Summary of Thailand’s Legal Framework: The Thai legal system is a statutory law system, which means it is mostly based on written law passed by the legislature. The primary sources of law are the Constitution, which was the supreme law, legislation such as Codes and Acts, decrees and custom.
WTO and Free Trade Agreements: Thailand has been a member of the World Trade Organization since 1 January 1995 and a member of the General Agreement on Tariffs and Trade since 20 November 1982.
It has the following trade agreements in effect: ASEAN Free Trade Area (AFTA), Thailand-Australia FTA, Thailand-New Zealand CEP, Thailand-Japan EPA, Thailand – Chile FTA, ASEAN-China FTA, ASEAN-Australia-New Zealand FTA, ASEAN-India FTA (Goods), ASEAN-Korea FTA and ASEAN-Japan CEP 2. Thailand is not a party to the United Nations Convention on Contracts for the International Sale of Goods (CISG).
FORMS OF DOING BUSINESS
Establishment of a Thai Company
There are two types of companies in Thailand: private limited companies and public limited company.
A private limited company is formed by registration with the Department of Business Development (DBD), under the Ministry of Commerce (MOC). The structure of a private limited company must include a minimum of three shareholders who enjoy limited liability on par with the values of their shares. Directors, on the other hand, generally have no special liability for the debts of the company in the case of bankruptcy or liquidation, unless they personally cause loss to the company, act contrary to the company’s objectives, or act against the law.
In order to set up a private limited company in Thailand, the promoters or shareholders must get an approval and reserve the name of the company. For reference, investors may observe the name reservation guidelines of the business development office under the MOC. The approved corporate name reservation is valid for thirty days, with no extension.
A Memorandum of Association (MOA) must be filed with the DBD after the name reservation has been approved. There must be at least three individual promoters to prepare and register the MOA. The MOA must include the following:
- The name of the proposed company and its address;
- The proposed company’s business objectives;
- A declaration of limitation of shareholders’ liability;
- The amount of share capital to be registered, and the value per share;
- Names, addresses, occupations, and signatures of the shareholders and the number of shares subscribed by each of them; and
- The registration of incorporation for the company.
The government fee to register a limited liability company is charged at a minimum of THB 5,500 for every THB 1 million registered capital and a maximum of THB 275,000, plus minimal certification fees and stamp duty of THB 2,000.
A public limited company is a company established for the purpose of offering shares for sale to the public. The shareholders’ liability is limited up to the amount paid on their shares. The purpose must be indicated in the memorandum of association of the company.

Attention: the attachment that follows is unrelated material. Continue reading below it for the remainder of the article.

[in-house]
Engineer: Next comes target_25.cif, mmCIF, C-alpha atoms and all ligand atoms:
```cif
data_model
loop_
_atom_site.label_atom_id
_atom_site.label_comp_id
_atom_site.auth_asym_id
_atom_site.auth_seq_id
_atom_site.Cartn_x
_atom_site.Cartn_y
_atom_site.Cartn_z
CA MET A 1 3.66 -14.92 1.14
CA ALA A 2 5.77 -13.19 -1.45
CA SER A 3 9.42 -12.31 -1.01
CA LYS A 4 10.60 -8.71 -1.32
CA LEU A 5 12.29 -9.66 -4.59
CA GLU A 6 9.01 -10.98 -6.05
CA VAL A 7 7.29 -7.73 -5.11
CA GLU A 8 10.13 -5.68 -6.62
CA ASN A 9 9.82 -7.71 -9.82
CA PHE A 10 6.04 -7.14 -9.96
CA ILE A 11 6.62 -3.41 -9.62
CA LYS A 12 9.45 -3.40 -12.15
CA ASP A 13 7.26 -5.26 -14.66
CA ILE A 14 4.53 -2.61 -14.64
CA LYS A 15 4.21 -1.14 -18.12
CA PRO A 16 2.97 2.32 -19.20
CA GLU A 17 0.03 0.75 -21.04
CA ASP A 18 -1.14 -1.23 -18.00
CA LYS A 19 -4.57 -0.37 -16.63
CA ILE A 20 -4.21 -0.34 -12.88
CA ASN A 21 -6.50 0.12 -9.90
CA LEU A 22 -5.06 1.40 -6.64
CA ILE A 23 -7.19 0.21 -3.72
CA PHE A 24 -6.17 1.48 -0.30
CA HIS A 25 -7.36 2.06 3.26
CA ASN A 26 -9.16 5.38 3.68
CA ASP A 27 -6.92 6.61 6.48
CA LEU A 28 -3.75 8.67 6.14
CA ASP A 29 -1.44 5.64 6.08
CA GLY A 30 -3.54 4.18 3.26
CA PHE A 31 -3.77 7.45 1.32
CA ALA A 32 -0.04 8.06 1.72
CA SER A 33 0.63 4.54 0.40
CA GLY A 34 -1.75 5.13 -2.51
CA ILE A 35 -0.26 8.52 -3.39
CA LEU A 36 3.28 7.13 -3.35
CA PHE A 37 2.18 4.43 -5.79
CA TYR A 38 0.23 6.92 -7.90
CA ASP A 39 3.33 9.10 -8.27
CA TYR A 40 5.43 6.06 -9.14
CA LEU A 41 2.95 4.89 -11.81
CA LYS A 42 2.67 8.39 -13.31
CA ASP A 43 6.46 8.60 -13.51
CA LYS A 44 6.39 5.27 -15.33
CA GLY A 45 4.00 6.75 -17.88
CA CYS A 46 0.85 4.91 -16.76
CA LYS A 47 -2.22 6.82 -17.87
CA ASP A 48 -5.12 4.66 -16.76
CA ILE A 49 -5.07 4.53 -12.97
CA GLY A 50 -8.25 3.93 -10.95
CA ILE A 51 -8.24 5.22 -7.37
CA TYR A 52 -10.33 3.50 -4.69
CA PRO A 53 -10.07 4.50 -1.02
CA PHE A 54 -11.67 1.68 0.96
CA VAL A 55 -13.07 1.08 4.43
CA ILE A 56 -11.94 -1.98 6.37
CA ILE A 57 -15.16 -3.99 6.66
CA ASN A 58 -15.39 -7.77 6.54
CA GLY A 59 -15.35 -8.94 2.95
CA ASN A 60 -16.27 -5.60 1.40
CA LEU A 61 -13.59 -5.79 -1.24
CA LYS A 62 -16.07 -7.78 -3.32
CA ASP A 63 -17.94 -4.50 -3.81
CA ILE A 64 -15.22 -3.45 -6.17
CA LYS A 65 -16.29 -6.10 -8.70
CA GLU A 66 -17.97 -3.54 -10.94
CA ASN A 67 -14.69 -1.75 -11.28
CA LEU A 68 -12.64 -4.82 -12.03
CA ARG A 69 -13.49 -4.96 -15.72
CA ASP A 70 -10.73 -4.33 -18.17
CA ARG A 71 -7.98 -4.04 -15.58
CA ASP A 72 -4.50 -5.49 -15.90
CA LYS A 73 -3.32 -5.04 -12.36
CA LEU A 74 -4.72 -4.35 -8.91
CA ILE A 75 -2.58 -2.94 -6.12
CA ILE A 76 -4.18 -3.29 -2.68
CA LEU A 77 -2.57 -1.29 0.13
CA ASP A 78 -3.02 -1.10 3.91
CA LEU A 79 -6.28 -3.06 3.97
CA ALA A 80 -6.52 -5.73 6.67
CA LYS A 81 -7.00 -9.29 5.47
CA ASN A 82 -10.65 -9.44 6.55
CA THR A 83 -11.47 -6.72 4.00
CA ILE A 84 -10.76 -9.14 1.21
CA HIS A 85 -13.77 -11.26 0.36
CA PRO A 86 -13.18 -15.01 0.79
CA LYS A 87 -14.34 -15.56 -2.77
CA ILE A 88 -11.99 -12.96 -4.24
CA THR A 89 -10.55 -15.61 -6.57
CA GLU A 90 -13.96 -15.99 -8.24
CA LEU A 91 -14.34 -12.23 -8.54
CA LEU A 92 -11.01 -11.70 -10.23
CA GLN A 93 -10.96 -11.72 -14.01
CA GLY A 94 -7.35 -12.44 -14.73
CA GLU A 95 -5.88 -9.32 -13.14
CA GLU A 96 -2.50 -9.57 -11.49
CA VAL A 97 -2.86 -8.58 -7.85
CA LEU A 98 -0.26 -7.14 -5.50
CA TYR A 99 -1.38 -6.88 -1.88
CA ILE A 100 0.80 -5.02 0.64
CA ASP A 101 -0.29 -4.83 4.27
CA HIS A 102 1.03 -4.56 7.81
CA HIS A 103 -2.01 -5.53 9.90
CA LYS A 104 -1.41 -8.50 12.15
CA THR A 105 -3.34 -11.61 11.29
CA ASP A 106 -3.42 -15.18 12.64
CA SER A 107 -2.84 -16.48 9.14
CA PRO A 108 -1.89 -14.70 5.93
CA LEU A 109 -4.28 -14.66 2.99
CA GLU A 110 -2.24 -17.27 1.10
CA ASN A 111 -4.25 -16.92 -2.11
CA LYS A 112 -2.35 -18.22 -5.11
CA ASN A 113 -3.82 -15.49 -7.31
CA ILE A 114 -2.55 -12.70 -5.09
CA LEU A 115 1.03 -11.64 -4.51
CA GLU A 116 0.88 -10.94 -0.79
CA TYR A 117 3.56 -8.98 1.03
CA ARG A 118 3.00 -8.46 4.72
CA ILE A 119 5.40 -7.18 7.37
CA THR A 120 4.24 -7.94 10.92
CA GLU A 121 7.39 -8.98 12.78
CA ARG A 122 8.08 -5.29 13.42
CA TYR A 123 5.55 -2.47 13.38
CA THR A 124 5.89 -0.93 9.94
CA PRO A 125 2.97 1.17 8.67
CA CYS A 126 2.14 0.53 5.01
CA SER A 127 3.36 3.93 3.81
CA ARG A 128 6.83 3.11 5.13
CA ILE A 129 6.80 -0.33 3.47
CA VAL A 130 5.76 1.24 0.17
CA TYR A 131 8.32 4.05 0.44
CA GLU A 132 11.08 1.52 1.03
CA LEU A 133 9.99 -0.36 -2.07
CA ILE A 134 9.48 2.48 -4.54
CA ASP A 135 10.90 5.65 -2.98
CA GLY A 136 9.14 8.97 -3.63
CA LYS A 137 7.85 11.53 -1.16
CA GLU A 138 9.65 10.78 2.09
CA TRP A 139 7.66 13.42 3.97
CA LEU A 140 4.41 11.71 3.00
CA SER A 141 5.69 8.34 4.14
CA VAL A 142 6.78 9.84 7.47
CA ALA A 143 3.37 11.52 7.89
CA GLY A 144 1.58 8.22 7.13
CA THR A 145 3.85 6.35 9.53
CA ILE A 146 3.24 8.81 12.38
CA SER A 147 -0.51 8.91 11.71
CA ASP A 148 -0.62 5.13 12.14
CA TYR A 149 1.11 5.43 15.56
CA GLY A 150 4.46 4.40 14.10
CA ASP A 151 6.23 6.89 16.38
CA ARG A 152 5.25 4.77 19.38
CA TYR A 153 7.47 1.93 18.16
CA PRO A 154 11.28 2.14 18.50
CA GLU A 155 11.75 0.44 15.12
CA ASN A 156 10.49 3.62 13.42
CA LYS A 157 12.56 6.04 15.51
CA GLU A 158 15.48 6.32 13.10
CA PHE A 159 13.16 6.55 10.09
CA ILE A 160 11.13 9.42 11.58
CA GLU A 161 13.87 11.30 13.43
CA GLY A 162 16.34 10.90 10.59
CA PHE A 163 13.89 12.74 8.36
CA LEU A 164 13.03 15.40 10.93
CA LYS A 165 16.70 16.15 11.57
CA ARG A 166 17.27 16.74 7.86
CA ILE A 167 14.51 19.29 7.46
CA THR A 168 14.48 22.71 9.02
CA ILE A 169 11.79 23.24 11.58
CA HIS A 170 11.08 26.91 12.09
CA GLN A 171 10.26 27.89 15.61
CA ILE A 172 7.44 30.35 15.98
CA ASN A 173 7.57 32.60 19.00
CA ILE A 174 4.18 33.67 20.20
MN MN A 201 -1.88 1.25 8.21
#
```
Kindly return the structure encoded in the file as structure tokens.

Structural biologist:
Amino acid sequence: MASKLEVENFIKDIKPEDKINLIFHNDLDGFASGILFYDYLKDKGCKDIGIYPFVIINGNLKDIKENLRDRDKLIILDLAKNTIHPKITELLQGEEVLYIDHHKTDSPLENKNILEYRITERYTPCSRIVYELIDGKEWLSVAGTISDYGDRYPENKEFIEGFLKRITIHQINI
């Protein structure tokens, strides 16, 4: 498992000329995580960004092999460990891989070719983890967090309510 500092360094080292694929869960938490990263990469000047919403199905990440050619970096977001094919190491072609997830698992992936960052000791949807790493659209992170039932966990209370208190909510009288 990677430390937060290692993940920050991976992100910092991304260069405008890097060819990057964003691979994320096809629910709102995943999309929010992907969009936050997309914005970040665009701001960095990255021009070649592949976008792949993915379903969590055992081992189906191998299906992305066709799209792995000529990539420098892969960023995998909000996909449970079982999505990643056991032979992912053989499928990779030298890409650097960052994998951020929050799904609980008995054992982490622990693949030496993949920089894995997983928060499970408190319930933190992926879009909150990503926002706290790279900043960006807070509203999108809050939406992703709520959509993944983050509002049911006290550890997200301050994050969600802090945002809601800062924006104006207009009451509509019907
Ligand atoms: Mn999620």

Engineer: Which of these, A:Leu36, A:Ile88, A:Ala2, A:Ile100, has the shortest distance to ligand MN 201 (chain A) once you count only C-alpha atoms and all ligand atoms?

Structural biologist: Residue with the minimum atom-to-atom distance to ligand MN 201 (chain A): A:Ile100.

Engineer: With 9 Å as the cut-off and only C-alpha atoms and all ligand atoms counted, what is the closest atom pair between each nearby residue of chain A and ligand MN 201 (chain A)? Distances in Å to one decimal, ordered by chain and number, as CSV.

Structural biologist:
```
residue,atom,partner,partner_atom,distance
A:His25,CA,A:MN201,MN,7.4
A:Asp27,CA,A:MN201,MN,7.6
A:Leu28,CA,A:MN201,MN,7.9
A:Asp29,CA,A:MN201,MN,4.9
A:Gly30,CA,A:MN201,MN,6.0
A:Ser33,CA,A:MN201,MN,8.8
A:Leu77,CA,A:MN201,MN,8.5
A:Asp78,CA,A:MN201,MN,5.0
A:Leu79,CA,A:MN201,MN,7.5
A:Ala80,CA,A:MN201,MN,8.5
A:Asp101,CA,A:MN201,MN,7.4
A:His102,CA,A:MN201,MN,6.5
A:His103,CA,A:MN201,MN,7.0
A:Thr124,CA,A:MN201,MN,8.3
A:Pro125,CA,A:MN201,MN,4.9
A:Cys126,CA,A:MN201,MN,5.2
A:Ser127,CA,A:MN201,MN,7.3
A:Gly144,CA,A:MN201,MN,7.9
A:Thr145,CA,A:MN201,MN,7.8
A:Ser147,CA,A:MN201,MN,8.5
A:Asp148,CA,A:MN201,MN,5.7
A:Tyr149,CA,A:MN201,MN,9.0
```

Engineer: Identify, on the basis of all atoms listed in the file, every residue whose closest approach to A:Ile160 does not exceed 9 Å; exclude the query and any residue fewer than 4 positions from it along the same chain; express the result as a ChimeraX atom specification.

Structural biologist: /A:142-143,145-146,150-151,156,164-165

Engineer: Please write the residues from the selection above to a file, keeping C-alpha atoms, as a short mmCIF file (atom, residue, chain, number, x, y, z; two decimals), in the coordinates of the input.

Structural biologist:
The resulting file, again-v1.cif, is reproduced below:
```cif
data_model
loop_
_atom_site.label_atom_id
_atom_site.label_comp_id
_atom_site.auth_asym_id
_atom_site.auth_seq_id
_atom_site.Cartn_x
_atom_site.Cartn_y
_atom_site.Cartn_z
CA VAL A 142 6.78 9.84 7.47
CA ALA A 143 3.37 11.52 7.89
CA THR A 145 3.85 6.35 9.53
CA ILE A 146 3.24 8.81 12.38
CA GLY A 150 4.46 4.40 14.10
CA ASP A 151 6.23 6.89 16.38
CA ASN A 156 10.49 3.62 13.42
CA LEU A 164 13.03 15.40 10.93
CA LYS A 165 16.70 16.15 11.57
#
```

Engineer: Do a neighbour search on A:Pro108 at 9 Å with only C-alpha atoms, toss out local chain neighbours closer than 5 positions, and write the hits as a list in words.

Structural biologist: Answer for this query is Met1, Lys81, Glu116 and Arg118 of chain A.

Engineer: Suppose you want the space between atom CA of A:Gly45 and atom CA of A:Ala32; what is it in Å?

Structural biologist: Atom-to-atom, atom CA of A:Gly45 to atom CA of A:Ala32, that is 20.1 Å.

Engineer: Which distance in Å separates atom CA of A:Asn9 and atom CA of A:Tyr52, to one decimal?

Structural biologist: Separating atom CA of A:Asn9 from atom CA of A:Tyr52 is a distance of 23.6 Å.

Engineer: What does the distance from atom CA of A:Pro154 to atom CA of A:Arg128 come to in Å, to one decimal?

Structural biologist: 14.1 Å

The Public Limited Company Act B.E.2535 identifies the structure of public limited company as follows :
- Number of shareholders: 15 persons or more;
- Registered capital: no minimum amount of registered capital;
- Shares’ value and payment: Each share must have the same value and must be fully paid upon issuance;
- Number of directors: at least five persons, at least half of whom must have a registered address in Thailand.
The government fee to register a public liability company varies, depending on the amount of registered capital, and starts at Baht 1000 for registered capital of one million Baht.
Foreign Investment in a Thai company
Thai laws impose restrictions on foreign ownership of Thai companies. These restrictions are stipulated in the Foreign Business Act 1999 (FBA) and specific laws governing certain sectors, e.g., the Banking Act, Insurance Act, and Land Act. In addition, some companies may choose to incorporate a foreign ownership limit in their articles of association.
The FBA is the primary and principal legislation that governs and regulates foreign entities’ activities in Thailand. As a general rule, foreign entities who wish to conduct business activities in Thailand are subject to the provisions and restrictions contained in the FBA. A foreign entity is prohibited from undertaking certain businesses as stated in the lists attached to the FBA (the “Lists”).
The undertaking of the type of businesses specified under List 1 is absolutely prohibited. However, a foreigner who desires to engage in business specified in List 2 or List 3 is required to obtain permission from the Ministry of Commerce (MOC) or from the Director-General of the Department of Business Development (DBD), in either case with certain governmental approvals.